05.03.19 / A Chat With Cuca Righini: How To Create Empathic Connections With Peers

We are alive at a particularly fascinating time of history, where information travels fast and the internet created a platform for anyone to express themselves in all types of ways. With many voices trying to be heard at the same time, it seems that – sometimes – dialogue is getting lost amongst all the background noise.

Ours is also the age of big opinions, intolerance, rigid views and intellectual isolation. Paradoxically, while we reject opinions that don’t match ours and settle in our bubbles, we are also quite aware that no one can survive alone – our most significant evolutive trait is our ability to work in a team, our capacity to collaborate with others.

Facilitation is a mechanism that can be used to help people lower their guard when it comes to creating meaningful connections with others, helping collaboration and teamwork to take place.

Cuca Righini – Echo’s Coordinator for Facilitation courses – sat down with us to speak about why Facilitation is so important.

ECHOS – Can you tell us about your background and how you ended up becoming a specialist in Facilitation?
CR – I believe this is the result of a combination of things. I have a Bachelor’s degree in Architecture; I’ve always been interested in cities, communities, human interactions, the way collective living works. On top of that, I have always soul searched within myself – which I exercised through yoga and acting. When I started teaching, I started to deeply understand how learning takes place, and how people learn. It was then that I realised how impactful communication could be in people’s quality of life; I started to realise that communicating had a lot more to do with understanding cultural codes than it did with lexicon or grammar. Communication goes beyond listening and speaking. It is a must to want to connect with other people – which, in our culture, involves developing a different mental paradigm and creating a new approach to how one would speak and communicate with others. It’s based on this understanding that I have been developing my work; coupling Design Thinking with tools from non-violent communication to create profound conversations and connections that will systemically impact organisations.

ECHOS – What is Facilitation?
CR – Facilitation starts to exist from the moment someone realises it is imperative to co-create; it starts when people realise that their point of view is one point of view and, therefore, insufficient to deal with the complexity of a challenge. This is challenging because, in our culture, dominance is predominant, which means that if I want to generate collective knowledge and amp up collective intelligence, I will need to use a different communicational paradigm: mediation. Because of this “dominance of knowledge” heritage we all carry, inclusion can’t happen without mediation. A good example of this is the idea of a teacher holding all the knowledge no one else possesses. For me to work with what each person has best to offer and use this richness, I have to try and break the mould in which only one person has the right to speak.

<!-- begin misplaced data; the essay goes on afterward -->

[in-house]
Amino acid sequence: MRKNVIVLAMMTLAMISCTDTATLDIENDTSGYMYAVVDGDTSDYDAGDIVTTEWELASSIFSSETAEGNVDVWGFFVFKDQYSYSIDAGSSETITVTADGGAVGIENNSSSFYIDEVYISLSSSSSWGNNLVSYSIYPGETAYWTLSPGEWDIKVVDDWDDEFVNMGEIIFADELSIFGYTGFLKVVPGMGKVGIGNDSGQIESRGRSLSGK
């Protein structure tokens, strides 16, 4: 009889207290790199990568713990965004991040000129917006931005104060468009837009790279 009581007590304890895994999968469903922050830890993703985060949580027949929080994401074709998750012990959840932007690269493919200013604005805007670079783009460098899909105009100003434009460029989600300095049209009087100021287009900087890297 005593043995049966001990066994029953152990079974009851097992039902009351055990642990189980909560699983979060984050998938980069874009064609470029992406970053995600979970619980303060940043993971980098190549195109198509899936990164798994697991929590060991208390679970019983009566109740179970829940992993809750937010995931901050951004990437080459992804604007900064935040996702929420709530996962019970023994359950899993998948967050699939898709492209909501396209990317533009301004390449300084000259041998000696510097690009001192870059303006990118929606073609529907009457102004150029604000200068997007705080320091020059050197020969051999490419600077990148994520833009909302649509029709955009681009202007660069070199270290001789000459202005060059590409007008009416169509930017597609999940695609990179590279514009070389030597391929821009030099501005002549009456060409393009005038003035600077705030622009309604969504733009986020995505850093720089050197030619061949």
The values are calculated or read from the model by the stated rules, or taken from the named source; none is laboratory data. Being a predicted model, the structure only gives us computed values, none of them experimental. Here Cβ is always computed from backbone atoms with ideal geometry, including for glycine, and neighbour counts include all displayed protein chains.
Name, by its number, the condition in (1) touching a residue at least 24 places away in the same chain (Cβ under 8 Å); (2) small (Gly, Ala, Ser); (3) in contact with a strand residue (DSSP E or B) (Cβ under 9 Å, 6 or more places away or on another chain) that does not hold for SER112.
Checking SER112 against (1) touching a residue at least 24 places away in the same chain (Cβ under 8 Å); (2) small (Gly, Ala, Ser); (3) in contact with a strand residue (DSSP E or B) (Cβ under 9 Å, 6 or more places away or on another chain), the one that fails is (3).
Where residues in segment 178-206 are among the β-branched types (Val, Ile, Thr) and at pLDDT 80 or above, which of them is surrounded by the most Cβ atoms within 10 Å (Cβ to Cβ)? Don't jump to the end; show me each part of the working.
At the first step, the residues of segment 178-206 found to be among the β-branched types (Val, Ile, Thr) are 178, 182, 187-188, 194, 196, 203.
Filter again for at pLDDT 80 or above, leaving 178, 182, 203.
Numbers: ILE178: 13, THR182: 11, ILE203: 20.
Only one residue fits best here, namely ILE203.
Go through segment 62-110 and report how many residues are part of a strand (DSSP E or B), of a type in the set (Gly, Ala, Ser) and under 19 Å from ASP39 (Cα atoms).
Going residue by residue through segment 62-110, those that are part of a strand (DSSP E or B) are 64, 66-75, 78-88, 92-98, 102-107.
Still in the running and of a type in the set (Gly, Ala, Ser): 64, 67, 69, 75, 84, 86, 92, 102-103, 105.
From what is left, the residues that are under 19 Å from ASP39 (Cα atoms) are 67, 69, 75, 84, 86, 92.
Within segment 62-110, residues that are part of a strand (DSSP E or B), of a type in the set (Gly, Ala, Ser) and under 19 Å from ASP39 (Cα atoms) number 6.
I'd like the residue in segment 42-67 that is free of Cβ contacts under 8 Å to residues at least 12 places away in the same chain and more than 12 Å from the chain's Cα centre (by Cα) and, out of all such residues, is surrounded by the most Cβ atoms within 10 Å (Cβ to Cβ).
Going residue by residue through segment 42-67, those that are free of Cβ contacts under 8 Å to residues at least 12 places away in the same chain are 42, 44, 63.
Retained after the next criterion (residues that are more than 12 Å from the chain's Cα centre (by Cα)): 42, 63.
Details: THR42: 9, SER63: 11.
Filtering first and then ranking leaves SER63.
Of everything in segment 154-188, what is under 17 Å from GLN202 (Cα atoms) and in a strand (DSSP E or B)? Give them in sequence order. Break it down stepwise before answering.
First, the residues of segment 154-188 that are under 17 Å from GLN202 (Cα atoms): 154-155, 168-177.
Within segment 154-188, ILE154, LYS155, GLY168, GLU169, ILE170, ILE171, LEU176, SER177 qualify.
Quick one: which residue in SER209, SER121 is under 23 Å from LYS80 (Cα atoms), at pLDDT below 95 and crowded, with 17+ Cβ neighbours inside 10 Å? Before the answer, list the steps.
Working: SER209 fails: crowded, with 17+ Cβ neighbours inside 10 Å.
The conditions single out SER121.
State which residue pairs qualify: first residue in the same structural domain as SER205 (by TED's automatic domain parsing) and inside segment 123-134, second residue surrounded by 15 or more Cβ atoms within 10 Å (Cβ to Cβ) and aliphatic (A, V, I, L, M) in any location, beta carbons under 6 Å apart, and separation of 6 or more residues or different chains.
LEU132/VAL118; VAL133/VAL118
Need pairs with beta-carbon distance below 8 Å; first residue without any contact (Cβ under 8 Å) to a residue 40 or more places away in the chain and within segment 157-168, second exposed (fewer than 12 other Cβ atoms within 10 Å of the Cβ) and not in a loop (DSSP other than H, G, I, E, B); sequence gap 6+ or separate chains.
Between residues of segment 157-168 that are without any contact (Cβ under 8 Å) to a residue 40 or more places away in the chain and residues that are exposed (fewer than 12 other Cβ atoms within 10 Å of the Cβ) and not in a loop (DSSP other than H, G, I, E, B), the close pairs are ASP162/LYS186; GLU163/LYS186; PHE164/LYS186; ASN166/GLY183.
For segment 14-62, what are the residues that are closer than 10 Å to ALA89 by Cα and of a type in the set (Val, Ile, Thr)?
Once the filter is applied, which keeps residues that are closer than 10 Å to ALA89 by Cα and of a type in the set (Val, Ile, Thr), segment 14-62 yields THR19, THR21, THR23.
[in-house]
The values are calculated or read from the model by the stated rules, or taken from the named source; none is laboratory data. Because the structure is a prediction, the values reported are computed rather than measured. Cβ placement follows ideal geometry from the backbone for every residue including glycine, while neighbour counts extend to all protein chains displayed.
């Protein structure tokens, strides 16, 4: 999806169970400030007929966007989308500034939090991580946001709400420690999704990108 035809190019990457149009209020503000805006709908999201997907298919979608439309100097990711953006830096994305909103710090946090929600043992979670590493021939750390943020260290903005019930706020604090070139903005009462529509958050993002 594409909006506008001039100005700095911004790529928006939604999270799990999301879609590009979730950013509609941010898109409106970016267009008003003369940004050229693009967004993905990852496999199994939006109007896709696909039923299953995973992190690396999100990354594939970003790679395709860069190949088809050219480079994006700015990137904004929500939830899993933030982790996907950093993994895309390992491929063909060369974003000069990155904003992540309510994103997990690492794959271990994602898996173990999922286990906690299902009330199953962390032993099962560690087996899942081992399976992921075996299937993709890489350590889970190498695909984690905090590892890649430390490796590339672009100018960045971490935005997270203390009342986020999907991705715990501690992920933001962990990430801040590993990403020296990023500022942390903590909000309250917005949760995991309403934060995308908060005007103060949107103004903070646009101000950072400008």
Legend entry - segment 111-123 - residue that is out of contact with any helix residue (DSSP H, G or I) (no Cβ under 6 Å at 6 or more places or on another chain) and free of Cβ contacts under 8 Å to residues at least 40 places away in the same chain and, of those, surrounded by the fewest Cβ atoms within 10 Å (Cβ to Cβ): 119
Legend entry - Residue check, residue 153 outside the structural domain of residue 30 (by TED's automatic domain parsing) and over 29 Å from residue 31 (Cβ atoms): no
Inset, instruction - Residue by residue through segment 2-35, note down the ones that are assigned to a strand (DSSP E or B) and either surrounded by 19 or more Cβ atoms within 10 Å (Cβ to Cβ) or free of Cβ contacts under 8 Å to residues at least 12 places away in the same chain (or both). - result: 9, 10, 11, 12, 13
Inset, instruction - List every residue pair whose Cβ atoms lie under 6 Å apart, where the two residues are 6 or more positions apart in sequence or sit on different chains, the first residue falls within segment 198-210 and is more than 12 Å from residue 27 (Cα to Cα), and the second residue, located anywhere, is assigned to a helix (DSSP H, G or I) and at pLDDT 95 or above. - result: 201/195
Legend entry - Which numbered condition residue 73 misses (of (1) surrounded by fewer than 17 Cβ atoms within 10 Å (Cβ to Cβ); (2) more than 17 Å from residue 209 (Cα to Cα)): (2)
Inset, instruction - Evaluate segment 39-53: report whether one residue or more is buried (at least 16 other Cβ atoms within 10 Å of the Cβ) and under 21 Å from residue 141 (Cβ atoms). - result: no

ECHOS – Why is it important for people to work together and collaborate?
CR – Humberto Mariotti – who is a psychotherapist and a Complexity Management professor at Sao Paulo Business School – talks about “global communalities” – such as AIDS, drugs, climate change, social segregation – and how they cannot be solved limited by national borders because they demand an approach that is human-centred and based on systemic thinking. There is also Otto Scharmer – Senior Lecturer at Massachusetts Institute of Technology, a Thousand Talents Program Professor at Tsinghua University, Beijing, and co-founder of the Presencing Institute – that call these communalities “disconnection points”. He believes that they are the result of ruptures that happened in our culture’s operational system: our disconnect with nature, our disconnect with one another, and our disconnect with ourselves. He points out that, at some point, humans understood that resources were finite and it is this realisation that creates the disconnects – if resources are limited, it is crucial that we compete in order to control what is left, and this created a dominance-based culture. However, humanity has reached knowledge and technology that have allowed us to do grand things, such as going to the moon; this means that we also have sufficient intelligence to tackle diseases and hunger. The problem is that in our patriarchal, western culture, we see others as enemies, as the one who will get in the way of my accomplishments. We need a systemic view; we need to understand that we are part of nature as this is one of our biggest blind spots. Ironically, in the 21st-century technology brought us levels of connection through the internet and fastly-spread information, and made us see the impact of our blind spots. Technology gifted us with a never before experienced level of connectivity, and now we need to help people add value that machines can’t add. Facilitation does that.